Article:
Patients who develop pneumonia in the setting of an acute or a chronic health-care facility must be distinguished from those who develop pneumonia in the community; these patients are referred to as having health-care-associated pneumonia, which includes hospital-acquired pneumonia and ventilator-associated pneumonia. (See  Chapter 17.) This distinction is important as these patients are at high risk for having infection with MRSA and multi-drug-resistant (MDR) bacterial pathogens. The MDR pathogens include P. aeruginosa, extended-spectrum β-lactamase-producing Klebsiella pneumoniae, Acinetobacter baumannii, Enterobacter species and Enterococcus species. Early broad-spectrum anti-microbial coverage with multiple antibiotics is recommended in these patients, with de-escalation once the implicated pathogen has been identified In general, this requires the combination of an anti-pseudomonal cephalosporin (cefepime, ceftazidime), carbapenem (imipenem, meropenem), or penicillin (piperacillin/tazobactam) plus either an anti-pseudomonal fluoroquinolone or aminoglycoside.

Persistent Temperature/Failure to Respond to Rx

A common misconception is that the patient’s temperature should settle within 24 h of commencing antibiotic therapy. It has been demonstrated that it may take up to 72 h for the temperature to normalize in a patient with pneumococcal pneumonia. However, in a patient with a widely swinging temperature, it would be prudent to exclude a complication within this time frame. The following are the major reasons for a failure to respond to anti-microbial agents:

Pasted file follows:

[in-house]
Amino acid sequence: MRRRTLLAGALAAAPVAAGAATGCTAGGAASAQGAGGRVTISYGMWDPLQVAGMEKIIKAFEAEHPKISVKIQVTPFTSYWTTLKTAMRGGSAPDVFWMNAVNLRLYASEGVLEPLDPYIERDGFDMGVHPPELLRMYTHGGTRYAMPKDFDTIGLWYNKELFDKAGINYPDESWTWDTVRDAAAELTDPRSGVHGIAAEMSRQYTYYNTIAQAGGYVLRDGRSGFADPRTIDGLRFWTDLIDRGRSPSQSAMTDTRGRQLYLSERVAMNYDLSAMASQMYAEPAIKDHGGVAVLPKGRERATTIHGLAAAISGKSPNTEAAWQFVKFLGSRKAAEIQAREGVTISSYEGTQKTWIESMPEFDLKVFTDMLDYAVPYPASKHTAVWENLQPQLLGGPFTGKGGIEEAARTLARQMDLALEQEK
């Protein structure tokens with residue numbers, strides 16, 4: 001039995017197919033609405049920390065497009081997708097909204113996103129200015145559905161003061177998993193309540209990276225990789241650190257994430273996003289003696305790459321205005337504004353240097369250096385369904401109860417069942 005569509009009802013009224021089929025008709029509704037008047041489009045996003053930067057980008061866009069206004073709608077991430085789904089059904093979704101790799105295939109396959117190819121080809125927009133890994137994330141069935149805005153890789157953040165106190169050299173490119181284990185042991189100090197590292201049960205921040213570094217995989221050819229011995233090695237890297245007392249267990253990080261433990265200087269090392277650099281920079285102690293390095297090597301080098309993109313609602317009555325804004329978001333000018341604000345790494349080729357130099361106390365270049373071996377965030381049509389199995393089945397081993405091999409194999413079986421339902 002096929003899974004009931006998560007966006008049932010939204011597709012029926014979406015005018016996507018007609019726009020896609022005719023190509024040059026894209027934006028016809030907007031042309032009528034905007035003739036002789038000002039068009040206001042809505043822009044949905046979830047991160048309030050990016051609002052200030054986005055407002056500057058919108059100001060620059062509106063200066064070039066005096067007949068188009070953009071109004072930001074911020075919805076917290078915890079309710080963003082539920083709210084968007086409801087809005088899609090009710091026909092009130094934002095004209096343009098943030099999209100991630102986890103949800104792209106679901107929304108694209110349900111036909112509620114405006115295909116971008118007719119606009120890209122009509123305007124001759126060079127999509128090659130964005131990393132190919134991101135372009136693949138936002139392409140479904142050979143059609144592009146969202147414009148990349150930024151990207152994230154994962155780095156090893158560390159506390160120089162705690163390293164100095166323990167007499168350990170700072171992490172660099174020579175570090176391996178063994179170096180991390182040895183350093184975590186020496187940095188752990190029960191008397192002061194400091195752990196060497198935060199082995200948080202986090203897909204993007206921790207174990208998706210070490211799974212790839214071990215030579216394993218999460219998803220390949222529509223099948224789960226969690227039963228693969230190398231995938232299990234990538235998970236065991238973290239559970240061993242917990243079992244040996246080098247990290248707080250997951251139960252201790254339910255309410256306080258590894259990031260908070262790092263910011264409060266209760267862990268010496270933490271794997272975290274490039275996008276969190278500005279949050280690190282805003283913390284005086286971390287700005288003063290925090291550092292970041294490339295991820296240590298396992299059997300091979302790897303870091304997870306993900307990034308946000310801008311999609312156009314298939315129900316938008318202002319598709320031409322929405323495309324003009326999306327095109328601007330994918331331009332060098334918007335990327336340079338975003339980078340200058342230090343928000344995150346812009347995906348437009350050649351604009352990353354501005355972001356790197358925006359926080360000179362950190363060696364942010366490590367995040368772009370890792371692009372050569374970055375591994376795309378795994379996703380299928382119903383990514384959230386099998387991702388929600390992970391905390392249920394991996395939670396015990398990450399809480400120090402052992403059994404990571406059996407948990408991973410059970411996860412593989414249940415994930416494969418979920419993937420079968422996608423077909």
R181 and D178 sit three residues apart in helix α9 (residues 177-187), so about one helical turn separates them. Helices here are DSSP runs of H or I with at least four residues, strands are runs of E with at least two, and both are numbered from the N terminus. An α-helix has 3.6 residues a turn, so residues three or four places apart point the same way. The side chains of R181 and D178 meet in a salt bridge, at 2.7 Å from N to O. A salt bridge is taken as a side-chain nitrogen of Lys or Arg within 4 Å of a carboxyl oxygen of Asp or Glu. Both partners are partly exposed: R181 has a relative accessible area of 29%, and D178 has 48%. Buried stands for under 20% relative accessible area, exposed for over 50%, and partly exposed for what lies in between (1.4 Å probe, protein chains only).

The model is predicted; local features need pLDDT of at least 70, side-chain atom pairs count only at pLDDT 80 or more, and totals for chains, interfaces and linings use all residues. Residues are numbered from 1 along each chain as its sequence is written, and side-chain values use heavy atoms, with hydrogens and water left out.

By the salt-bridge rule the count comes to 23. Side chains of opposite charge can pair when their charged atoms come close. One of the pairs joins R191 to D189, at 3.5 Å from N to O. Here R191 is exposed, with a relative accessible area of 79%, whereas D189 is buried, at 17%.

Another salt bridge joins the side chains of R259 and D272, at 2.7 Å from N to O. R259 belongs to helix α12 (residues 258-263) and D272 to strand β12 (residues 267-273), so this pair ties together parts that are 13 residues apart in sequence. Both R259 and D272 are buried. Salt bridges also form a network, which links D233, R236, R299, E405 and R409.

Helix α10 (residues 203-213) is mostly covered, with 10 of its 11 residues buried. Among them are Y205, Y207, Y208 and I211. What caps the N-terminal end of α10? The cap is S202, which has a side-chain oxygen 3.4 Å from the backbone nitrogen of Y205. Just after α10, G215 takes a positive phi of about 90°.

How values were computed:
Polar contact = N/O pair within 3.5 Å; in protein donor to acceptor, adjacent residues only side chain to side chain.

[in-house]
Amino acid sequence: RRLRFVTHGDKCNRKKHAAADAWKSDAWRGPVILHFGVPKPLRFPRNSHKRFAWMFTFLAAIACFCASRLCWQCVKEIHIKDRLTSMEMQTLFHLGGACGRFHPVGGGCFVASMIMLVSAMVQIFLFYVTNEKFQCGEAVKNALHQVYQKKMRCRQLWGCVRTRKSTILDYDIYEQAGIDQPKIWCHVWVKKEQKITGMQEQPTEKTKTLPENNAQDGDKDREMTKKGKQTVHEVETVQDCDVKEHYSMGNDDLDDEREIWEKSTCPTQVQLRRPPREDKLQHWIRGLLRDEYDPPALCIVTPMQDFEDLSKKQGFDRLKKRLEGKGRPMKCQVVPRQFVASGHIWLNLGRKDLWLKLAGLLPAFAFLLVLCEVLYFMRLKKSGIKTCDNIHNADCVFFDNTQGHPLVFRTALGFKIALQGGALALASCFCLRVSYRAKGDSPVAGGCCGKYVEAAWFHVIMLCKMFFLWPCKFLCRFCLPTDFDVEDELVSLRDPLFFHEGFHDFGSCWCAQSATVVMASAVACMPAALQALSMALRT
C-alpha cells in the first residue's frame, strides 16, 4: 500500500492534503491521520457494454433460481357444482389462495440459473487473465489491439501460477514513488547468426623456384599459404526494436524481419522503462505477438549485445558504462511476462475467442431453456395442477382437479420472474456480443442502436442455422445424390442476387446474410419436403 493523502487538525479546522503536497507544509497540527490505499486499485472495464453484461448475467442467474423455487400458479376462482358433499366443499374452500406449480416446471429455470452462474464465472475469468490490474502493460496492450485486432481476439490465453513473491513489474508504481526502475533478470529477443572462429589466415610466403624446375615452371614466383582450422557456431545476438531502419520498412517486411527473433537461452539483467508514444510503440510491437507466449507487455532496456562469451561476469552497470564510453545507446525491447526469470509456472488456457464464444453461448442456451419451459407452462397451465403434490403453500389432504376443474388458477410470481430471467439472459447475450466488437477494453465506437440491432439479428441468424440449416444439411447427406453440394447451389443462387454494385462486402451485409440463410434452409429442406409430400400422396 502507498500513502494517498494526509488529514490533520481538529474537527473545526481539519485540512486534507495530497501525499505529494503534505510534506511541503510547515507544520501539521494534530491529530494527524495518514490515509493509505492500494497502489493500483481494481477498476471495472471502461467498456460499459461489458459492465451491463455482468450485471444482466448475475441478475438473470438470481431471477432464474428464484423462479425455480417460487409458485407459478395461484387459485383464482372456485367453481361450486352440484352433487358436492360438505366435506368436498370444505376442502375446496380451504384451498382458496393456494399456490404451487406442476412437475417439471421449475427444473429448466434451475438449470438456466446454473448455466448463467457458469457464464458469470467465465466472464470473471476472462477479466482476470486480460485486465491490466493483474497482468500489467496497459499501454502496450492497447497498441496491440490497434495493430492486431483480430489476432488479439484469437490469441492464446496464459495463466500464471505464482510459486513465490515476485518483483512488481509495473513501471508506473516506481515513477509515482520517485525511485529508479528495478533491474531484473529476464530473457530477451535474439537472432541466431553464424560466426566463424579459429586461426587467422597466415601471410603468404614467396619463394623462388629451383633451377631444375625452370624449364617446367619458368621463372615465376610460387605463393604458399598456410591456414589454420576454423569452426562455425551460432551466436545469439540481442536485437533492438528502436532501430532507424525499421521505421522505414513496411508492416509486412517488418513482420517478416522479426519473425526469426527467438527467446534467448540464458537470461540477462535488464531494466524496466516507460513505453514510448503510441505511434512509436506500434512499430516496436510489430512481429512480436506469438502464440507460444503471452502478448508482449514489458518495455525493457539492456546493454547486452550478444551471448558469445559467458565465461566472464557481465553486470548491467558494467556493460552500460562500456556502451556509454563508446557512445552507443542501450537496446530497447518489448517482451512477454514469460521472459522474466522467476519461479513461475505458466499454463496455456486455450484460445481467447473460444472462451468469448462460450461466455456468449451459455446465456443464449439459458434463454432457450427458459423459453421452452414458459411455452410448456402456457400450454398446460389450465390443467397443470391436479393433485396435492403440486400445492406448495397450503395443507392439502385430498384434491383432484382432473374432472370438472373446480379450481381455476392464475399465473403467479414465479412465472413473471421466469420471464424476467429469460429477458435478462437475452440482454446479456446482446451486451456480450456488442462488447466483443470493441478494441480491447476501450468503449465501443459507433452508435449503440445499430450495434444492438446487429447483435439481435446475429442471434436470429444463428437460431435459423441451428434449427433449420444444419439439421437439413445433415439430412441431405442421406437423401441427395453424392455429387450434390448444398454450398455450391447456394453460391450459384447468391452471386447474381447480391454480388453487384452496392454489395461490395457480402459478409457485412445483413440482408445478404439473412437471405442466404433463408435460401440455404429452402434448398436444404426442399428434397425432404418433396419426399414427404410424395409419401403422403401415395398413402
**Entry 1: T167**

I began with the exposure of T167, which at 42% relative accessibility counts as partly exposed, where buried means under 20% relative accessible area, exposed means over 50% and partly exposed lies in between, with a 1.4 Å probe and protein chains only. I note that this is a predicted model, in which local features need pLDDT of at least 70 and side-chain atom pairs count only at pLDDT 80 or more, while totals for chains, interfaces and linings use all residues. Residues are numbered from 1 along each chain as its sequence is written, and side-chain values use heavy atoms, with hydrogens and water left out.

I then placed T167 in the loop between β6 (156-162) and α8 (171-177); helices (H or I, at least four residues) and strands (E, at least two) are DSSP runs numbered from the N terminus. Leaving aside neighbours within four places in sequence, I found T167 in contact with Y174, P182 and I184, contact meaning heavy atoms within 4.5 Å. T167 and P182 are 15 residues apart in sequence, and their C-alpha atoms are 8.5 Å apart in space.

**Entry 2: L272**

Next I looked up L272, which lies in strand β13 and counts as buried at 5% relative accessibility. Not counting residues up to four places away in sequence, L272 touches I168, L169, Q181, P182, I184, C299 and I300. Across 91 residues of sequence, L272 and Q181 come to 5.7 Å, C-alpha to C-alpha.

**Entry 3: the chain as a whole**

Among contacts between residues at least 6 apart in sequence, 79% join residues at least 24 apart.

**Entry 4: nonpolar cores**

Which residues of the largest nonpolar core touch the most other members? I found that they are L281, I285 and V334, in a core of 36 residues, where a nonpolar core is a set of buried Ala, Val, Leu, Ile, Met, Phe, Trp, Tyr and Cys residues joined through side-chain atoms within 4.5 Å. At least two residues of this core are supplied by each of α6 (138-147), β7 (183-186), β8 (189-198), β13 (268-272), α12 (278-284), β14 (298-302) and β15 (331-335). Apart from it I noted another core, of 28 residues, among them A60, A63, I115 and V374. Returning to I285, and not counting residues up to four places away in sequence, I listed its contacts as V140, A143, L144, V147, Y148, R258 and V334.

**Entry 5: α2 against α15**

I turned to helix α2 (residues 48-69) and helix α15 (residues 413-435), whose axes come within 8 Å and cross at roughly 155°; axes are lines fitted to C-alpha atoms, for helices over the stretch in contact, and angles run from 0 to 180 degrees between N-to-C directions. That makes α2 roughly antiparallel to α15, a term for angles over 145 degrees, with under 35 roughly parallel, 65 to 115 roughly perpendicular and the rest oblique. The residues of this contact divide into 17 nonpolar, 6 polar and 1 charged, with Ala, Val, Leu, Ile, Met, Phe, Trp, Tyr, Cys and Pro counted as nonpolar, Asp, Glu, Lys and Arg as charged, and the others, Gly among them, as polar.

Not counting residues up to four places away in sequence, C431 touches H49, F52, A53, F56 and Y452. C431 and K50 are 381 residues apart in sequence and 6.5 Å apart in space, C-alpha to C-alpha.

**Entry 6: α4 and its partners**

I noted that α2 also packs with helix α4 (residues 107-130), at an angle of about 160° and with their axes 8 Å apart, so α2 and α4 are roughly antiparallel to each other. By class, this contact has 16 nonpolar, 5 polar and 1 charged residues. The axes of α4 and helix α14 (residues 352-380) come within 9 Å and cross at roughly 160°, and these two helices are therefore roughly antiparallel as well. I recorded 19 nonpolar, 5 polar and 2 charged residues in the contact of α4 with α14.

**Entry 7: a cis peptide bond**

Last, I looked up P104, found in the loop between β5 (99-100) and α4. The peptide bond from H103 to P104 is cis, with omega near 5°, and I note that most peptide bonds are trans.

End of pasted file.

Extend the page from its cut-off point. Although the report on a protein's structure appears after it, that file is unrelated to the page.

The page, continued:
• Wrong antibiotic: wrong spectrum or drug resistance

  • Exclude masquerader

  • Wrong dosage

  • Viral, fungal, or opportunistic pathogen

  • Unusual pathogens (see below)

  • Superadded complication

  • Complicated pleural effusion/empyema

  • Endocarditis

  • Purulent pericarditis

  • Septic arthritis

  • Meningitis, etc.

Unusual Pathogens

  • Coxiella burnetii
    • Cats, goats, sheep, cattle

  • Tularemia
    • Rabbits, ticks

  • Leptospirosis
    • Rats

  • Hantavirus
    • Rats

  • SARS

  • Psittacosis
    • Birds

  • Nocardia
    • Steroids